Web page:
0

How would you write the following in fiction given that my style guide says write out numbers up to and including 99?

From the till, she robbed six 50,000-won notes, two 10,000s and eight thousands.

I think some exceptions need to be made, not least to keep it informal and to respect the fact that there is a list. It is in narrative rather than dialogue. It seems unnecessary to repeat "-won notes" every time. There are too many options. Help!

From the till, she robbed six 50,000-won notes, two 10,000s and eight thousands.

From the till, she robbed six 50,000-won notes, two 10,000s and eight 1,000s [saying "eight one thousands rather than "eight thousands" seems overly formal and precise?].

From the till, she robbed 6 fifty-thousand-won notes, 2 ten thousands and 8 thousands.

From the till, she robbed six 50,000-won notes, two ten thousands and eight thousands.

Thanks for the help and suggestions.

4
  • Is it important to specify the denominations of notes she stole?
    – towr
    Jan 23 at 18:25
  • Thanks. It is Korean won. I was hoping I could just use this term for the first reference.
    – Mandy
    Jan 23 at 18:29
  • 1
    No, I meant, is it important to mention how many notes with what value she stole? In most cases I think just an (approximate) total would be fine. Does a reader need to keep track of the notes?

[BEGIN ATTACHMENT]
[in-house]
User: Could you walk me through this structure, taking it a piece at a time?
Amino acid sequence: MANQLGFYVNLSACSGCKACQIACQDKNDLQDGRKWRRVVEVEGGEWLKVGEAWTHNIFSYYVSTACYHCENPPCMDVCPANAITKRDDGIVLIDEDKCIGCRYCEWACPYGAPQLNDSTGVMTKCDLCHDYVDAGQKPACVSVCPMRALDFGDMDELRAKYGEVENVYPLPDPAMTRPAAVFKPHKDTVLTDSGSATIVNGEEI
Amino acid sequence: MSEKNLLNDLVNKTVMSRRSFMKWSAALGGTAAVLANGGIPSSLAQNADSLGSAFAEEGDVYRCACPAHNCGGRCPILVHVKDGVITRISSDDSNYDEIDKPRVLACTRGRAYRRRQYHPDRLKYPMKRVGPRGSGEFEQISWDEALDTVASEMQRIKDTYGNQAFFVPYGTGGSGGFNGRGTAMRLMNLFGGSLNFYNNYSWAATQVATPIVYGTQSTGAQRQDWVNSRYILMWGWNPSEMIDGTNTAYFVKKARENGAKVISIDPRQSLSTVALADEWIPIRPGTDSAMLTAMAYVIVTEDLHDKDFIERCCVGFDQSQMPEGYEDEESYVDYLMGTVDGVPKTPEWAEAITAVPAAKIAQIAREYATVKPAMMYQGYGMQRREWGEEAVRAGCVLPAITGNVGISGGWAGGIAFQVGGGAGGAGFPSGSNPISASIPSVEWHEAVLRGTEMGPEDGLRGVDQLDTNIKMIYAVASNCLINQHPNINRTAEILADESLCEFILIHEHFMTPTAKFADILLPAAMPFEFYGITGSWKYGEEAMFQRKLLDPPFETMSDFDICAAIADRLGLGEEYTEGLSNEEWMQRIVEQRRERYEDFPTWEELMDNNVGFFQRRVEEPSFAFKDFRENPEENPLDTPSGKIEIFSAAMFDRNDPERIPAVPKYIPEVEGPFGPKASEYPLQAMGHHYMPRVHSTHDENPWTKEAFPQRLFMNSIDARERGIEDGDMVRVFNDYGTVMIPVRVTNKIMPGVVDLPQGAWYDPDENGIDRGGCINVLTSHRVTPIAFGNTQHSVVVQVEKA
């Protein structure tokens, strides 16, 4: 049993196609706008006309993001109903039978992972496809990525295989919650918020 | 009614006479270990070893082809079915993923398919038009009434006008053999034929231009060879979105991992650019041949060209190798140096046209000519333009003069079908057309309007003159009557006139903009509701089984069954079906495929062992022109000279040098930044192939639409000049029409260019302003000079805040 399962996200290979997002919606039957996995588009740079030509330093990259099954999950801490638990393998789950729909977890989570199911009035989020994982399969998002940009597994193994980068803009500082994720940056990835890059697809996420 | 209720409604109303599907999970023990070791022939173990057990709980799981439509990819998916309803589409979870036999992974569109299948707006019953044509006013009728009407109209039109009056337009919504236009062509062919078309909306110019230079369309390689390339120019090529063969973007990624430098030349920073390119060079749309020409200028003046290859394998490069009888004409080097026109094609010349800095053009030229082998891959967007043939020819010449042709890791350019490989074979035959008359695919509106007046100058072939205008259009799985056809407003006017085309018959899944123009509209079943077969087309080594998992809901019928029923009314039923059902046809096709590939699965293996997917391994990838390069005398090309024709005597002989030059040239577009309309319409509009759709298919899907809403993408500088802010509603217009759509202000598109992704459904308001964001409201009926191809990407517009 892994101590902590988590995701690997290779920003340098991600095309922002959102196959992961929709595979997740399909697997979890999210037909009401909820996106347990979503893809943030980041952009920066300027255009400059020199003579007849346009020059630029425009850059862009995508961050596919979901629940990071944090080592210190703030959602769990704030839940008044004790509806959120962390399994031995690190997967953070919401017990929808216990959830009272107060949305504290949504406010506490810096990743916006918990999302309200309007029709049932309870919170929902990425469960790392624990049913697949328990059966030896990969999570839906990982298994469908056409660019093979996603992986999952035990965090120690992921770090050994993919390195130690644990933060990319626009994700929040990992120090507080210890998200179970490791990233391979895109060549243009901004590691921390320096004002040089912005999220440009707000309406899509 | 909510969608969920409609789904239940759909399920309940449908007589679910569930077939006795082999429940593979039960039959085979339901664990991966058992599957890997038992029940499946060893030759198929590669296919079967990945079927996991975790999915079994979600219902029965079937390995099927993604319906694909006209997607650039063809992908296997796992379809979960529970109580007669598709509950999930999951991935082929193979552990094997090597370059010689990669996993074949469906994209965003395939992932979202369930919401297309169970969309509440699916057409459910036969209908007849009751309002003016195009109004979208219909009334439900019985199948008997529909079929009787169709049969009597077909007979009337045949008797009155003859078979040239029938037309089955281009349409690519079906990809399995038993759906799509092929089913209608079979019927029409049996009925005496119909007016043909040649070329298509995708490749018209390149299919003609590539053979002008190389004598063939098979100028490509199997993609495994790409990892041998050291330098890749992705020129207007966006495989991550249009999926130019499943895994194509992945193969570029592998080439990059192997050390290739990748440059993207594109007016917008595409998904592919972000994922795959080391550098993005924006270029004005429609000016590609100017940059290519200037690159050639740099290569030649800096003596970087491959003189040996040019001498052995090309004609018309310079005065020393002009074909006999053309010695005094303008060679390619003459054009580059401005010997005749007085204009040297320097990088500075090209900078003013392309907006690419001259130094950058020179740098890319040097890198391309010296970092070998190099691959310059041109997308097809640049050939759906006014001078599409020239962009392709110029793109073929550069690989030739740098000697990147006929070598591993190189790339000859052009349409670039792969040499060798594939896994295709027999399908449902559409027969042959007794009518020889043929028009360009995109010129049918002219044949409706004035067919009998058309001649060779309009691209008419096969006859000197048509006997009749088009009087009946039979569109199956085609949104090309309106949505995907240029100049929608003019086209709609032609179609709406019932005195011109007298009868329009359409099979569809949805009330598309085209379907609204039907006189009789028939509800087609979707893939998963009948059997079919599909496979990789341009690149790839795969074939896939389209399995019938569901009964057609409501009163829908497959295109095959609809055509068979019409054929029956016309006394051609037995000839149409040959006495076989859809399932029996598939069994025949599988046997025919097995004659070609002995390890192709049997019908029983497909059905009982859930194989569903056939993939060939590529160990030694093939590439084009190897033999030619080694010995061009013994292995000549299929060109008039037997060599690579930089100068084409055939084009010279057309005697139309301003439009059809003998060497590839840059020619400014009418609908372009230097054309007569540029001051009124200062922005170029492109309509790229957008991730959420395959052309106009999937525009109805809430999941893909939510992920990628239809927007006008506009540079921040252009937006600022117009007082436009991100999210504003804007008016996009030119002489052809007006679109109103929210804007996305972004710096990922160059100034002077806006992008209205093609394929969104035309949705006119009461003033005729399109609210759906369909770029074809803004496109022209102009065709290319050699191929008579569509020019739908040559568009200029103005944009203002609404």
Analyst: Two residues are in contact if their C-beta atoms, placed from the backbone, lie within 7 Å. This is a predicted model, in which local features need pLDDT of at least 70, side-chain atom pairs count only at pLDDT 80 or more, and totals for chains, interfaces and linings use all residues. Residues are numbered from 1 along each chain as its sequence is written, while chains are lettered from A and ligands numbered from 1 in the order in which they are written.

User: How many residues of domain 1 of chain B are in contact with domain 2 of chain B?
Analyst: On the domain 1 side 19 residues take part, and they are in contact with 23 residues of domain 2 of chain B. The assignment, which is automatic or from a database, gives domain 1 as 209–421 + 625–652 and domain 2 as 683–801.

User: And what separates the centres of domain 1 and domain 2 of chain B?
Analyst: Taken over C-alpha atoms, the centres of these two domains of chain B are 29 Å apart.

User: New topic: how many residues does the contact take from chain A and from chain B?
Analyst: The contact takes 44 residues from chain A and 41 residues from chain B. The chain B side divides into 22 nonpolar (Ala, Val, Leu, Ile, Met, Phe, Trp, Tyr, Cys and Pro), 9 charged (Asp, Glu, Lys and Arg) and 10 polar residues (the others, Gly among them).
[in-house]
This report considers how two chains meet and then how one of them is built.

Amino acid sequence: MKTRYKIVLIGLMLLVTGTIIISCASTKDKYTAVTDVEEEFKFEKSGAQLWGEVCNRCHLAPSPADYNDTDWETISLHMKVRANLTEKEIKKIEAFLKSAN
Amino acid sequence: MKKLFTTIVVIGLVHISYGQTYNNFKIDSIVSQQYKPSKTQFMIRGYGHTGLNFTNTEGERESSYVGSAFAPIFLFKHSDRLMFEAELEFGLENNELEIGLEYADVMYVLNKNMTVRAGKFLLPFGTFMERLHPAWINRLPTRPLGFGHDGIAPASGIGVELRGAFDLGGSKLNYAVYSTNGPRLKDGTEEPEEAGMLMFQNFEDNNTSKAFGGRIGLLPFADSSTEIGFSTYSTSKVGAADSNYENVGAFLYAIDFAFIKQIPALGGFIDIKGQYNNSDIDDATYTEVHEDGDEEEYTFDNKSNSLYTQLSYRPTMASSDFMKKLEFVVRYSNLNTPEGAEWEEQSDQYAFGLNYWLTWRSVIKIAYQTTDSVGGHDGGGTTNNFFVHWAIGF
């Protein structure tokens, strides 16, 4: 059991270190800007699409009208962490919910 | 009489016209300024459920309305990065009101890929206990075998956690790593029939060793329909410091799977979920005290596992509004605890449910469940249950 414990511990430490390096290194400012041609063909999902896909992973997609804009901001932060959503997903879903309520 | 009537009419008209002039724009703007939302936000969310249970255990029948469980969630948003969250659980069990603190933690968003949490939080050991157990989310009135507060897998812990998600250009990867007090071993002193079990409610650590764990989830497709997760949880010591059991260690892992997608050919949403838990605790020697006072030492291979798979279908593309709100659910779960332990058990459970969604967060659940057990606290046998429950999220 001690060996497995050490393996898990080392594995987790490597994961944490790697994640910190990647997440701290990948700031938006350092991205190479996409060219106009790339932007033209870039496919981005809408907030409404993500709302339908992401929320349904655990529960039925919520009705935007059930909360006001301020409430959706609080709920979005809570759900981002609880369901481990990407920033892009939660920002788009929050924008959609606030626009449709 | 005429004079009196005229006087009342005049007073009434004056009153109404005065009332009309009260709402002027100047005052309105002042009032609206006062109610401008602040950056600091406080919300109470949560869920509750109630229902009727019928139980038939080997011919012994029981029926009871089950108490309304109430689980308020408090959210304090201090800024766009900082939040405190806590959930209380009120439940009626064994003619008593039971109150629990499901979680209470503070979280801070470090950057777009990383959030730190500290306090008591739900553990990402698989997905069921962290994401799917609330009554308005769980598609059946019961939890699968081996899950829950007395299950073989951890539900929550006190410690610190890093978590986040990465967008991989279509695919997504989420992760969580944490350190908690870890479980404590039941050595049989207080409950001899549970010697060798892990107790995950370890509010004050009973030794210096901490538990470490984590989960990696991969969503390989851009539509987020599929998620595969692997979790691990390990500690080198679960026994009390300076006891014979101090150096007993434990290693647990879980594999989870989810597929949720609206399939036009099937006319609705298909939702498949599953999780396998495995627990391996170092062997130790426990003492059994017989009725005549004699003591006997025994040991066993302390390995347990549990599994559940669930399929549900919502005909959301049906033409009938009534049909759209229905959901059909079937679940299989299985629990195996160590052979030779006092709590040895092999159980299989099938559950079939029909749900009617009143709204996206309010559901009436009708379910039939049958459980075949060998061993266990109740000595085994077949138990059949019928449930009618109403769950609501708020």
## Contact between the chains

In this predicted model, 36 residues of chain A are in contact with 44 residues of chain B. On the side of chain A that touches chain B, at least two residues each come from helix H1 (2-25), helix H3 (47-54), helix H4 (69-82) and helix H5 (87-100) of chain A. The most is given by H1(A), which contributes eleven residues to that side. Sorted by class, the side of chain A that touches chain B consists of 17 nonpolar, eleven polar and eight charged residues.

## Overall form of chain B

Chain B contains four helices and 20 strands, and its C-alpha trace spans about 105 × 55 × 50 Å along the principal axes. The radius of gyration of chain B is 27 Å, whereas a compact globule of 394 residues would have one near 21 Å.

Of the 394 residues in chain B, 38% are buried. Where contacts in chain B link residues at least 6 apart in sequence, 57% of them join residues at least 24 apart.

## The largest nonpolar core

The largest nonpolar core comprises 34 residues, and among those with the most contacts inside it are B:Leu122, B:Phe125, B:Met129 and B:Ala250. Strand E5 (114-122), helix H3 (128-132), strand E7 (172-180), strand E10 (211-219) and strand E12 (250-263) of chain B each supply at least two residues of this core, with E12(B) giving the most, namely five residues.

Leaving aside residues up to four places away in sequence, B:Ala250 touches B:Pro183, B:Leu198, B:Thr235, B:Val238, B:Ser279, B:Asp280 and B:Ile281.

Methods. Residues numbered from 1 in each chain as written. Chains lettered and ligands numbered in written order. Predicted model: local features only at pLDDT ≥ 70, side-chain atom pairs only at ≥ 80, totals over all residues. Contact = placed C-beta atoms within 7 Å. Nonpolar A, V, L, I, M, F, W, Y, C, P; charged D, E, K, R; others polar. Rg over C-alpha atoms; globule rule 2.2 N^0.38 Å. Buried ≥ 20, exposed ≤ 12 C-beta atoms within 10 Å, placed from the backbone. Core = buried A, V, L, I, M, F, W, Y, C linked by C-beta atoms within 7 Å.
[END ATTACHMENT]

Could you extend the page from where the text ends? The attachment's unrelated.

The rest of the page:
– towr
    Jan 23 at 18:31
  • You normally don't need to strictly follow a style guide for fiction, unless your publisher/editor is making you.
    – Stuart F
    Jan 25 at 11:37

2 Answers 2

1

Oxford's style guide tells that: “In non-technical contexts, Oxford style is to use words for numbers below 100.” (New Hart's Rules, 2nd, ed., p. 186) Although the style guide explains that there are exceptions to the rule, in your case, you have to use words rather than figures for six, two, and eight.

Things are different for 1,000, 10,000, and 50,000. As those are exact numbers, there is no reason to use words instead of figures. You have, however, to be consistent. If you use figures for 10,000, don't use words for “thousands.”

Your second alternative is therefore the good one:

From the till, she robbed six 50,000-won notes, two 10,000s and eight 1,000s.

1

Unless the particular combination of bank notes is some how important to the story, you'd just write "she stole 328000 won from the till."

You normally wouldn't even be that exact about it: "she stole over three hundred thousand won."

Your Answer

By clicking “Post Your Answer”, you agree to our terms of service, privacy policy and cookie policy

Not the answer you're looking for? Browse other questions tagged or ask your own question.